Regranex and topicals

In June 2008, the FDA placed a boxed warning on Regranex Gel because of a possible increased rate of mortality observed in patients with cancer. Pediatric Dermatologists caring for children with hemangiomas we have used and continue to use Regranex as a second-line treatment for ulcerated hemangiomas. For this reason we feel that it may be helpful to review the information posted by Johnson and Johnson and the FDA and put this information into perspective for our patients. Of note, none of us has a financial relationship with Johnson and Johnson, the manufacturer of Regranex® nor other conflict of interest to disclose.

 

 

 

BASIS OF THE FDA BOXED WARNING:

 

A boxed warning has been put on this medication by the FDA which states the following:

 

“An increased rate of mortality secondary to malignancy was observed in patients treated with three or more tubes of REGRANEX Gel in a postmarketing retrospective cohort study. REGRANEX Gel should only be used when the benefits can be expected to outweigh the risks. REGRANEX Gel should be used with caution in patients with known malignancy”

 

 

 

This warning is based on a two studies for which information became available after the drug was initially approved by the FDA. The largest study compared 2102 patients who used Regranex and 325,313 patients who did not get the medication. They found NO risk of developing cancer with the medication, but did find a higher risk of death from cancer among subjects receiving 3 or more prescriptions for Regranex.

 

 

 

Another study looked at 382 patients with diabetic ulcers treated with Regranex compared to 269 who got a placebo (dummy) medication. They found new or recurrent neoplasms (tumors) in 1% of placebo subjects and 2.7% of Regranex patients for a relative risk of 2.8 but this was not statistically significant. No single type of cancer was identified.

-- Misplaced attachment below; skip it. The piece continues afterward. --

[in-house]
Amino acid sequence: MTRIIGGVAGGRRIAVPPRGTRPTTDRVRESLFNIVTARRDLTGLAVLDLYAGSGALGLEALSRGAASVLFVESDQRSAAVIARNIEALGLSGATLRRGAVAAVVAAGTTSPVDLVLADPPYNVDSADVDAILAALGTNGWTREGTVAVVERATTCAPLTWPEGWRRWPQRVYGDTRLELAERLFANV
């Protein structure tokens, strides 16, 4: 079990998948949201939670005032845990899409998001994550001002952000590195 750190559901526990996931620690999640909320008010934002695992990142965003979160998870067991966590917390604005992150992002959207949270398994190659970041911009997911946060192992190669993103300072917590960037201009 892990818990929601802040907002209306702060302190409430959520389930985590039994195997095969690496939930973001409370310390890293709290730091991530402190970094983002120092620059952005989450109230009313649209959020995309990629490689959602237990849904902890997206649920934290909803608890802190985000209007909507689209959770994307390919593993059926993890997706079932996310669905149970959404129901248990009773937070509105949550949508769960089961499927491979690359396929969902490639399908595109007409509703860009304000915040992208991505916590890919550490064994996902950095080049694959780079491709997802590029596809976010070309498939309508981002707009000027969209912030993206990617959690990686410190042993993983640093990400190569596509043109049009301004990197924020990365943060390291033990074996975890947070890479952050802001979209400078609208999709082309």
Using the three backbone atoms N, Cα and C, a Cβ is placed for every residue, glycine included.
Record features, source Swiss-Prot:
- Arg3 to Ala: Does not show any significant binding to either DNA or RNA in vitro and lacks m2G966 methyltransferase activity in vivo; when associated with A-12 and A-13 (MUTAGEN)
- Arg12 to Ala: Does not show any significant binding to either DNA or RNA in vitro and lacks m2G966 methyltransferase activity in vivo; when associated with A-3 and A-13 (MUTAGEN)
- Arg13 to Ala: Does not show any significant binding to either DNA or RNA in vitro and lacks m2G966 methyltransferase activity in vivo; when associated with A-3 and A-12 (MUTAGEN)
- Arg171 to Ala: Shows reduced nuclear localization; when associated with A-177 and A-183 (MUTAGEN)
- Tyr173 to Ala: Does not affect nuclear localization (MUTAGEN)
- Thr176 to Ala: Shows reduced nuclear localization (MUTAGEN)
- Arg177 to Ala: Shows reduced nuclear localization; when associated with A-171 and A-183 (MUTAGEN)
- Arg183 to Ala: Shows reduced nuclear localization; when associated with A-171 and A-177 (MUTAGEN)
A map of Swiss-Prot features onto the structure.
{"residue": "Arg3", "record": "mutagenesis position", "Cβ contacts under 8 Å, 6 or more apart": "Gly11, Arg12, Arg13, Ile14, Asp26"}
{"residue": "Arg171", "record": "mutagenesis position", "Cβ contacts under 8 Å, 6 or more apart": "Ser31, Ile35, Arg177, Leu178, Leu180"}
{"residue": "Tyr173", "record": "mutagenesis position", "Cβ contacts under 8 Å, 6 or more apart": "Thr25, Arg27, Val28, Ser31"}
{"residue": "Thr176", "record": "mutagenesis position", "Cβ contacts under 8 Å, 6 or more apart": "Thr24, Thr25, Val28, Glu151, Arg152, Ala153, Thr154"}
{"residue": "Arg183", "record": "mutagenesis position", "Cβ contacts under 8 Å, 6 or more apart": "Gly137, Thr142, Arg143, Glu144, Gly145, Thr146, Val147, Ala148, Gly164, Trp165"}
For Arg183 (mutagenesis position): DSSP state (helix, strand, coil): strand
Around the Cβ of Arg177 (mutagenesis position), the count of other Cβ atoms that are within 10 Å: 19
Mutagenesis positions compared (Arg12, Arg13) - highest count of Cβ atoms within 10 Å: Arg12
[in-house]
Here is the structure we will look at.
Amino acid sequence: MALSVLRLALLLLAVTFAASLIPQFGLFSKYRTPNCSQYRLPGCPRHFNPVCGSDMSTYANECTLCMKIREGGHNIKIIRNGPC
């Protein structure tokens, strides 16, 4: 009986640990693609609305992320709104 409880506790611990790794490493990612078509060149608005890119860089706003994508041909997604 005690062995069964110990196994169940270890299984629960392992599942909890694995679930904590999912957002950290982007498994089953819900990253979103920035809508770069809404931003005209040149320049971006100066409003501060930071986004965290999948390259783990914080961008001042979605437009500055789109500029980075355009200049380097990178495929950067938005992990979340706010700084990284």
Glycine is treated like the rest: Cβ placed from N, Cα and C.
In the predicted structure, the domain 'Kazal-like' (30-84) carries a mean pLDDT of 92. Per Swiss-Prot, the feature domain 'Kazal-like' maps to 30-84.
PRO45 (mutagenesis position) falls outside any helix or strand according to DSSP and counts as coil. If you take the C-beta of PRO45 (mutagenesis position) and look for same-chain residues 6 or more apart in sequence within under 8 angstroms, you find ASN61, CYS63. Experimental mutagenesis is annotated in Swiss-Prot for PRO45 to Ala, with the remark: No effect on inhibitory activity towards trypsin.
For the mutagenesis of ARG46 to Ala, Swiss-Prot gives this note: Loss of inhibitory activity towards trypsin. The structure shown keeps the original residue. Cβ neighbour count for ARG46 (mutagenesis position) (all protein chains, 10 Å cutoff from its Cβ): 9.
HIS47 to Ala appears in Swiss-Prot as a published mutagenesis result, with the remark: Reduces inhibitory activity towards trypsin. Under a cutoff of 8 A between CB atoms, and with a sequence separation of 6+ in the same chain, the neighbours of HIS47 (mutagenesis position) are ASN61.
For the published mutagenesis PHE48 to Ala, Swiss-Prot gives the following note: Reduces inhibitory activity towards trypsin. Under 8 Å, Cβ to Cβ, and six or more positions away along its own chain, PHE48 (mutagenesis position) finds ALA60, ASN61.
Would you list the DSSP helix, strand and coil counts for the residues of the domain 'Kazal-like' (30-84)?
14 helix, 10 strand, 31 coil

OUR INTERPRETATION OF EVIDENCE PRESENTED

 

All medications have potential risks and medications can have unexpected side effects, particulary newer ones (Regranex® has been marketed for approximately 10 years ). It is very unusual for topical medications (those put directly on the skin) used in small amounts on small areas of skin for brief periods of times to be absorbed enough to cause serious side effects, such as cancer. The larger study which included more than 2000 patients treated with Regranex® showed no increase in cancer risk, which is very reassuring. The other study, which was smaller, had an equivocal increase in cancer incidence. While the FDA has warned that Regranex® should be used with caution in patients with known cancer, hemangioma is not a form of cancer and there is no evidence that cancers of childhood occur more frequently in children with hemangiomas than in other children. For these reasons, we believe strongly that parents should not be panicked nor expect their child will develop cancer because they used or will use Regranex® for treating an ulcerated hemangioma.

 

Several important differences are present between infants with hemangiomas and the patients studied: